- Former Sikeston DPS director denies knowing about allegations against detective (7/20/17)1
- Compliance check results in underage citations at four Cape bars (7/19/17)1
- 49-year-old homicide victim found in Cape (7/20/17)
- Buffalo Wild Wings to hold fundraiser Wednesday for ailing Cape officer (7/19/17)1
- Chaffee City Council fires officer facing criminal charge (7/23/17)1
- At least one Perryville cop disciplined for misconduct (7/20/17)1
- Sikeston detective's files about murder suspect missing from DPS (7/18/17)1
- More details emerge in Perryville police-misconduct case (7/21/17)
- Cape homicide victim identified (7/21/17)
- Painted-rock hunts catch fire in Cape area (7/20/17)
House seeks more access to spy secrets
WASHINGTON -- The House on Wednesday passed legislation governing next year's intelligence budget that demands lawmakers be given greater access to the nation's most closely held secrets.
The bill is the latest attempt by Democrats, struggling to challenge President Bush on major national security issues, to step up their role in overseeing an intelligence program they say has gone astray. Lawmakers complain that the Bush administration left most of them out of the loop on highly classified -- and controversial -- matters, including creation and destruction of CIA interrogation tapes and Bush's warrantless wiretapping program.
The bill would block two-thirds of the federal covert operations budget until each member of the congressional intelligence committees is briefed on all secret operations underway. Panel members also would be granted access to any other details necessary to assess the value of intelligence operations.
The White House has threatened to veto the bill because it says it would go too far and infringe upon the president's right to protect intelligence. In a statement Wednesday, the administration said the bill could expose information previously protected under executive privilege, including predecision legal opinions, risk assessments and cost estimates.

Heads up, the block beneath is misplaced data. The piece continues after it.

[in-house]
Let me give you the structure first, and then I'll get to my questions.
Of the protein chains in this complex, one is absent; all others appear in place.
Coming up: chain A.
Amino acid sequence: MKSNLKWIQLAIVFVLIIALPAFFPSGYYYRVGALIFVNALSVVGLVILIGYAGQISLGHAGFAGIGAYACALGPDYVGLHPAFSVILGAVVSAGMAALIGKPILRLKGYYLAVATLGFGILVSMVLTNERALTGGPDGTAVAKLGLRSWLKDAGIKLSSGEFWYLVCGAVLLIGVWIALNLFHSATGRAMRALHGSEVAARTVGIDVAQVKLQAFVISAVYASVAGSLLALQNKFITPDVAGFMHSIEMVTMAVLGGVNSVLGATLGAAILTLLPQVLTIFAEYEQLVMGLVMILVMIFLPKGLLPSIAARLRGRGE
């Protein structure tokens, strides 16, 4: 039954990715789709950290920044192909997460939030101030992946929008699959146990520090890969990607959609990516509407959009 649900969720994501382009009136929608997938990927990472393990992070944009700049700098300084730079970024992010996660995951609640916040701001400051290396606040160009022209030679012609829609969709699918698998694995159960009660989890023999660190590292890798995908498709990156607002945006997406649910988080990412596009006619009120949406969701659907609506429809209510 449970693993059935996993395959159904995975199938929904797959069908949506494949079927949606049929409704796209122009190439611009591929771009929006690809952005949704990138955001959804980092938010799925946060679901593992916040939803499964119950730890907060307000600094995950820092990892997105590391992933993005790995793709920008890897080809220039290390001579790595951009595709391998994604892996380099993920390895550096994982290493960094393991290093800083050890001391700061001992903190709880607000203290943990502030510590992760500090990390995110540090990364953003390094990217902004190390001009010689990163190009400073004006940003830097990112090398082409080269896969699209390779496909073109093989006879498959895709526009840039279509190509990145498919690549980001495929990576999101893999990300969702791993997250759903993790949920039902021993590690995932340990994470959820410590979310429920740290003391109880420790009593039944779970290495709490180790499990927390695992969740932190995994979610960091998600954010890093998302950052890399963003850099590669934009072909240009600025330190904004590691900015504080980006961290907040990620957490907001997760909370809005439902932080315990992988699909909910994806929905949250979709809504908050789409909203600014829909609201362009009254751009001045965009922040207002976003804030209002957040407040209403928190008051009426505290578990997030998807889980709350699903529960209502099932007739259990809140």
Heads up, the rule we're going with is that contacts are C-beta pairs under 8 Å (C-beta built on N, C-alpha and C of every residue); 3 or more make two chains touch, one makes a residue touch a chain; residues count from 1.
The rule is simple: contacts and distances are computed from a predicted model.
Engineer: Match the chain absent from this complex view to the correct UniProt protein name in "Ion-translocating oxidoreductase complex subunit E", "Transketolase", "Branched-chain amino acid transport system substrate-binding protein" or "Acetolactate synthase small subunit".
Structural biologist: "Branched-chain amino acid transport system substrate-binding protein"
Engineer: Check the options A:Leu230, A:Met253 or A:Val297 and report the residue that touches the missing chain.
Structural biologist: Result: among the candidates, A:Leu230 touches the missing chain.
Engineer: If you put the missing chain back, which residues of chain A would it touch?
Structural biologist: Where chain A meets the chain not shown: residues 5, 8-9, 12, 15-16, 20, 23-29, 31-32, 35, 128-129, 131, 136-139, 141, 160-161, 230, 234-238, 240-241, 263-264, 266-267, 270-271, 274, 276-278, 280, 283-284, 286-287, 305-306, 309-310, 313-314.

The legislation "would undermine long-standing arrangements between Congress and the president regarding reporting of sensitive intelligence matters," the statement said.
The Senate still has to take up its version of the bill before a final measure can be sent to the president to sign.
Increased AIDS funding
The Senate voted Wednesday to triple spending for a much-acclaimed program that has treated and protected millions in Africa and elsewhere from the scourges of AIDS, malaria and tuberculosis.
The 80-16 vote committed the United States to spending up to $48 billion over the next five years for the most ambitious foreign public health program ever launched by the United States.
The legislation would replace and expand the current $15 billion act that President Bush championed in a State of the Union address and Congress passed in 2003. That act expires at the end of September.